The Entrepreneurship Formula to Returning the U.S. Economy to its Before Covid Glory

The Entrepreneurship Formula to Returning the U.S. Economy to its Before Covid Glory
(AP Photo/Terry Chea)
X
Story Stream
recent articles

This week, third-quarter economic growth increased by a record 33.1 percent as American small businesses have reopened their doors and workers have returned to their desks and stations. The nation is on the right path to return to its before Covid economic dynamism where everyone who wants a good job can get one -- the birthright of all Americans.

Yet we still have a ways to go before we have recovered from the Covid-19 economic crisis. How can the country turbocharge the economy so that economic opportunities return to and surpass the era before Covid-19?

By promoting entrepreneurship, which creates jobs, higher wages, economic growth, and the products and services that make the U.S. the nation with the highest living standards in the world. Like alchemists, entrepreneurs turn basic natural materials into something golden -- namely, goods and services that people value. At a macro level, this process creates countless economic opportunities.

According to the Kauffman Foundation, U.S. entrepreneurship was firing on all cylinders in 2019. Americans were choosing to open small businesses at historic rates that were significantly higher than just a few years before. I saw this entrepreneurship first-hand at my business. Thanks to the pro-entrepreneurship climate, I was able to expand, hire, and raise wages, benefitting my workers and the local community.

The benefits of this entrepreneurship trickled down to all Americans. The Census Bureau recently reported that in 2019 median incomes grew at the historic rate of 6.8 percent. So much for the mantra of "stagnant wage growth." Wages grew even faster for minorities and low-income workers, proving once again that an entrepreneurial climate helps those with the least opportunities the most. Meanwhile, the poverty rate fell to a 60-year low.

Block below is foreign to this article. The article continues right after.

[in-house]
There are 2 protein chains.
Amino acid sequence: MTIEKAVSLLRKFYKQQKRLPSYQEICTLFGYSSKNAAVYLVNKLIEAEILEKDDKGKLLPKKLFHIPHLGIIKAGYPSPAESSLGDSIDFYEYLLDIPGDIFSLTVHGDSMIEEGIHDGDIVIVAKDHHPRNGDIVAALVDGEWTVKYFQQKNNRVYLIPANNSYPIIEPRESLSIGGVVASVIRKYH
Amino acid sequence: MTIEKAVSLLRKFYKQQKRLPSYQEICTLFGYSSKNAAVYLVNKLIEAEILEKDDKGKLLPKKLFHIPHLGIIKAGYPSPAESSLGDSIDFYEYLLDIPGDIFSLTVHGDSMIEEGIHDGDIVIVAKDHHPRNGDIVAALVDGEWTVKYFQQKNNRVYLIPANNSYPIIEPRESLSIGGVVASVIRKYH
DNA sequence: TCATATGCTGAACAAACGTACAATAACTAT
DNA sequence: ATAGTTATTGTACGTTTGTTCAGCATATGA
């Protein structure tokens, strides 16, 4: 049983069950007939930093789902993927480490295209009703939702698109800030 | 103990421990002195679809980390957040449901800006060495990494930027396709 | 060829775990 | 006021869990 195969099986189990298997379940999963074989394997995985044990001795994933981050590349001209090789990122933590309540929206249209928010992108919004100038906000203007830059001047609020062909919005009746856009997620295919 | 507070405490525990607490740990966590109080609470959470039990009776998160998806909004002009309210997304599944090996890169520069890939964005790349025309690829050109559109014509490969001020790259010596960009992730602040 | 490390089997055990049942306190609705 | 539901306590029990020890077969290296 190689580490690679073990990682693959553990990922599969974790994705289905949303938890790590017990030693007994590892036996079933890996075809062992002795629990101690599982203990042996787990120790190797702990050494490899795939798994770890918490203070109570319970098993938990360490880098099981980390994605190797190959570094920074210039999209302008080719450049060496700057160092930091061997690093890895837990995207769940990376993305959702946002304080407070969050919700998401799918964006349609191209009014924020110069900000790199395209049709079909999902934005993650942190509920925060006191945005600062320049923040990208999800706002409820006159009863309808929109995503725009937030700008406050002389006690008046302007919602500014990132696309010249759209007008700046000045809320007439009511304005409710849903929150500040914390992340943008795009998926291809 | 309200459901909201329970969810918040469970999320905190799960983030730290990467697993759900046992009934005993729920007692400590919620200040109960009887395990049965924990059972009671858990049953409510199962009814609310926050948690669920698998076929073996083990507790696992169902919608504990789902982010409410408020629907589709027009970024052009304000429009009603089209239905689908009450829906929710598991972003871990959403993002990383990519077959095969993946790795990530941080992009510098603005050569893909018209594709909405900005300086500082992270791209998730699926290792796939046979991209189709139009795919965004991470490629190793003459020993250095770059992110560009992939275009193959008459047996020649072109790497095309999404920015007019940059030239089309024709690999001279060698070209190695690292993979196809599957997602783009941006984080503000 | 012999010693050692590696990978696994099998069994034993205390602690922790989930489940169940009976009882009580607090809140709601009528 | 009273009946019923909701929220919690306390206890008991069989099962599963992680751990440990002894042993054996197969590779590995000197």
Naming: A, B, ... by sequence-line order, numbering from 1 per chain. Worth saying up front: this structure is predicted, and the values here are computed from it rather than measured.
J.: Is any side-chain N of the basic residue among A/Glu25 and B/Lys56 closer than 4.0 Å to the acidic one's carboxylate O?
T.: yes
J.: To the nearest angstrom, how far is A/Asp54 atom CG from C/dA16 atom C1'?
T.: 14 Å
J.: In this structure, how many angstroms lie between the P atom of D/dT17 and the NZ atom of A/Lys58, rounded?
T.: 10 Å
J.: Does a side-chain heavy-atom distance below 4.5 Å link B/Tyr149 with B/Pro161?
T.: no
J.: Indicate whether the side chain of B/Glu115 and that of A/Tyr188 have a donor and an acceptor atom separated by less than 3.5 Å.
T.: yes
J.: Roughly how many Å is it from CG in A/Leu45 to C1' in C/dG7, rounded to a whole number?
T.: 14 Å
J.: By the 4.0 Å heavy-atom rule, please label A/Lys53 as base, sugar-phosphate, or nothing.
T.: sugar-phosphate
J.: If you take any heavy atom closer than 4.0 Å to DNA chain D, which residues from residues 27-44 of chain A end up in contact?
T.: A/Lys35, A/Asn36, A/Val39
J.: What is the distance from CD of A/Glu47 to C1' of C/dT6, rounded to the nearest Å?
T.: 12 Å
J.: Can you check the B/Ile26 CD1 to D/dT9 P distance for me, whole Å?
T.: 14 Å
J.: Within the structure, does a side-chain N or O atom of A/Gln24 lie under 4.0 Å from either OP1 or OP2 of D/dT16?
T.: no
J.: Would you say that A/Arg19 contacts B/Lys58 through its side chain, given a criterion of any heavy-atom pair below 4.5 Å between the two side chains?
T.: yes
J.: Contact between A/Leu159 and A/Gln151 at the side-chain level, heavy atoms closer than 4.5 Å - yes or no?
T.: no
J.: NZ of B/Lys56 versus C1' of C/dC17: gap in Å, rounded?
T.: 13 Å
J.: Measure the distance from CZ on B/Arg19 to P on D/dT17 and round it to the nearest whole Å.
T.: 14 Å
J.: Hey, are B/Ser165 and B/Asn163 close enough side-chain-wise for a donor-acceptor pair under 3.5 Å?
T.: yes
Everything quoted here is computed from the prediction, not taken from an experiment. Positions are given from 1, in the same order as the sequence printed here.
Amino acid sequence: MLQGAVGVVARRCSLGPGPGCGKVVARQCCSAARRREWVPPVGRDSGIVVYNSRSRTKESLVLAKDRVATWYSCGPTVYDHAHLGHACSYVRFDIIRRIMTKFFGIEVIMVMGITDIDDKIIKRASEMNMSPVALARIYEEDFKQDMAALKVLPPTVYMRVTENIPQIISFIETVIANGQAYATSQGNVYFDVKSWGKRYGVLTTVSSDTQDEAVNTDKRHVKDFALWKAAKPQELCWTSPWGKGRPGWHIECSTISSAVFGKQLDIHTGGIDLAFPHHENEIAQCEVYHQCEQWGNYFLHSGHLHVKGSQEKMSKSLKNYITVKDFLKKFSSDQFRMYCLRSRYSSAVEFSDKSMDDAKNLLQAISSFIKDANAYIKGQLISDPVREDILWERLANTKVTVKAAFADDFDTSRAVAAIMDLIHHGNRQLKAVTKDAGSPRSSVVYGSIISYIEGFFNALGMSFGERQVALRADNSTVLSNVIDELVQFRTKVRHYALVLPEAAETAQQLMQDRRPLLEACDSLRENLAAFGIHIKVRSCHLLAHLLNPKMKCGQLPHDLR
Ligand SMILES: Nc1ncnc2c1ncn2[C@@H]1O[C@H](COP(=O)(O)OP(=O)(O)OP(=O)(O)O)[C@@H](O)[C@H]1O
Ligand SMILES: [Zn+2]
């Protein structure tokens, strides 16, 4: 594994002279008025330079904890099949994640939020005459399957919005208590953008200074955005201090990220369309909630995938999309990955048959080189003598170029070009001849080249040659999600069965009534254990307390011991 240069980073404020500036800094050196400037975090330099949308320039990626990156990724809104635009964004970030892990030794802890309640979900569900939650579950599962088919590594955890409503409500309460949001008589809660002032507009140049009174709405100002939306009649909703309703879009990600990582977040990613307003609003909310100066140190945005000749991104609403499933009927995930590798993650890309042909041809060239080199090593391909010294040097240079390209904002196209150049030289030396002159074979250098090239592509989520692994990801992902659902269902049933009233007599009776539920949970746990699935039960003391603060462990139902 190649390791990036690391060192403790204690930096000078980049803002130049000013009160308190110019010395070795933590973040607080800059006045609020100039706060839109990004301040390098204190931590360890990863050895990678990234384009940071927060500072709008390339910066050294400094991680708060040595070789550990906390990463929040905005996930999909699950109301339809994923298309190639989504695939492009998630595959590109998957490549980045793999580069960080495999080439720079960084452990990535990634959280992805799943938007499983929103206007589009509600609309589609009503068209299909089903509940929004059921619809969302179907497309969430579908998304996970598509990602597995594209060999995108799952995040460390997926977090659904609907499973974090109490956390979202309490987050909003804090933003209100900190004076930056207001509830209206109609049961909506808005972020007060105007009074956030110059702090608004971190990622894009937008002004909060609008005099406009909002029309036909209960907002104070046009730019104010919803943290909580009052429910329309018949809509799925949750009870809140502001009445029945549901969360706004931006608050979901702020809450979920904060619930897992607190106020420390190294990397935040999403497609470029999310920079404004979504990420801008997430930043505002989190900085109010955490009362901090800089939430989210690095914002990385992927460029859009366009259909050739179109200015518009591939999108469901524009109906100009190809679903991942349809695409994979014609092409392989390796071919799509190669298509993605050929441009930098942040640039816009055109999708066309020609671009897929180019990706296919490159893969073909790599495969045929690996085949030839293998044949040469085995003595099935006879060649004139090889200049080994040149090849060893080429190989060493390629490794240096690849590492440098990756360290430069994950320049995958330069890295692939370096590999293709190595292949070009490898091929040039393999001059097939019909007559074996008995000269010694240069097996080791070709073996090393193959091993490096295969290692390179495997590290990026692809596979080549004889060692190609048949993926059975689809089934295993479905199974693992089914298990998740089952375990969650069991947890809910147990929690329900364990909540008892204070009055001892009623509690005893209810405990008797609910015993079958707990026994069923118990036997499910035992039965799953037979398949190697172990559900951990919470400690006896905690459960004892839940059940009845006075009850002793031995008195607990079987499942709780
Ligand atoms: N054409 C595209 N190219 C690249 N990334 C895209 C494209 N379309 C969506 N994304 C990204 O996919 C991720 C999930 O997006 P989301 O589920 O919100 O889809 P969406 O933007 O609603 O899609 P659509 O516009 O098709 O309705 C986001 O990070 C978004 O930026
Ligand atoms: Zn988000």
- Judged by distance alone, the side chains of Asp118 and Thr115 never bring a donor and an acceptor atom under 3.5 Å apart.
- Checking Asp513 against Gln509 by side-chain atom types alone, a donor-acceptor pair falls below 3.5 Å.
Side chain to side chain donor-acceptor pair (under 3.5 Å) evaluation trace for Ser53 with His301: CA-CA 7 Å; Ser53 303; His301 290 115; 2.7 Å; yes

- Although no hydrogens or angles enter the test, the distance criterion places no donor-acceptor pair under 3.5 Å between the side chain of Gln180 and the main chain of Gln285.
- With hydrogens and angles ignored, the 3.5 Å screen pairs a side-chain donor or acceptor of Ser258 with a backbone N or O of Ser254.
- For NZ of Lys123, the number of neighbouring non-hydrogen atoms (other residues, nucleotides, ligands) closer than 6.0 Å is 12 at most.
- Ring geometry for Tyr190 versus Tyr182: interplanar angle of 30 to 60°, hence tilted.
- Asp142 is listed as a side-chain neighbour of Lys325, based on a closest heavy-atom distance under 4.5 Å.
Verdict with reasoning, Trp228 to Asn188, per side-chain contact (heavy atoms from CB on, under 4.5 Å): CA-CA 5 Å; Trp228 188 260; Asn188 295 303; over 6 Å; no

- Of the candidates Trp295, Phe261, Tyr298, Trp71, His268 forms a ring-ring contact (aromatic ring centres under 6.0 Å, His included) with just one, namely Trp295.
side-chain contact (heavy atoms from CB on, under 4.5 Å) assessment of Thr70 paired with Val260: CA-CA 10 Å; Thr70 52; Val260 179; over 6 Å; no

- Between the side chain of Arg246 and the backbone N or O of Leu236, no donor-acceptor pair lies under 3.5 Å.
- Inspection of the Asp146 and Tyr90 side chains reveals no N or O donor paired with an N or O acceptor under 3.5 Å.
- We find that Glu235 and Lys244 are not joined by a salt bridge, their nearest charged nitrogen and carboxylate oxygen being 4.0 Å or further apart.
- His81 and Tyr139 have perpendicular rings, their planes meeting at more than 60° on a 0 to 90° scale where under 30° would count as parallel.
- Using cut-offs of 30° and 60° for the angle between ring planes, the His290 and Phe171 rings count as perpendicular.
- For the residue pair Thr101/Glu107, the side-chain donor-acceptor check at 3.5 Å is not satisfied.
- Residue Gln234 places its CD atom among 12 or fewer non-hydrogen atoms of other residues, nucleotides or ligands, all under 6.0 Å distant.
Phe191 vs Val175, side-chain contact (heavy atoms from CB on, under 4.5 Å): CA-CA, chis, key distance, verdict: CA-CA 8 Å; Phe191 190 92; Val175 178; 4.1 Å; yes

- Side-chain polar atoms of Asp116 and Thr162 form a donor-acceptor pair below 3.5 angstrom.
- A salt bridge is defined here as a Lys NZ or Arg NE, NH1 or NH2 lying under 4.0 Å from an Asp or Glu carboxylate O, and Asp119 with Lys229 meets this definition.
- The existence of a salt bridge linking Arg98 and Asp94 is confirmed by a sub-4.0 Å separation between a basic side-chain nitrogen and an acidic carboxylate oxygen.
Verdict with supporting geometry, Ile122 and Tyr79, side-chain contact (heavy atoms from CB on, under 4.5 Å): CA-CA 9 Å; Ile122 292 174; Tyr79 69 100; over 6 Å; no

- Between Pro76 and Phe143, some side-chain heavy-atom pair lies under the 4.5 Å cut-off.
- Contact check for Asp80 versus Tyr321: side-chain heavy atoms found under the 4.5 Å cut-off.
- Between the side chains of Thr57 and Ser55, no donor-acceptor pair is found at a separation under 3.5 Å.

So how can we return to this entrepreneurial climate before Covid? By pursuing public policy conducive to entrepreneurship, including tax cuts, deregulation, and access to credit.

The last few years have seen a lot of this entrepreneurship fuel. In 2017, the biggest small business tax cuts in history were passed, giving entrepreneurs like me more funds to invest in our businesses. Small businesses should be allowed to reinvest their earnings back into their businesses to create jobs and better products and services. The tax cuts have allowed us to do that.

The recent reduction of burdensome regulations such as counterproductive and byzantine labor law mandates regarding employee classification allows entrepreneurs to focus on their work and their employees, not paperwork.

And eliminating the worst aspects of the Dodd-Frank financial reforms allowed small businesses to find more funding opportunities to get their ideas off the ground. This access to credit stands to especially help women and minorities, who -- as Kauffman Foundation research indicates -- have the least access to credit.

And how can we enact more of these pro-entrepreneurship reforms to buoy our economy back to its recent heights? By electing political candidates who make a commitment to these entrepreneurship principles. Politicians often have difficulty understanding the needs of entrepreneurs because they have never worked in the private sector, let alone ran a business. Voters should look to support political candidates with business experience. These candidates understand how public policy affects paychecks. They can foster the entrepreneurship climate that's needed to return the U.S. economy to its former glory.

In other words, a strong economy is a simple formula: Greater entrepreneurship, which is created by pro-entrepreneurship public policies, which is created by electing pro-entrepreneurship politicians. Make no mistake: The success of the U.S. over the next few years depends on how well it follows this formula for success. 



Comment
Show comments Hide Comments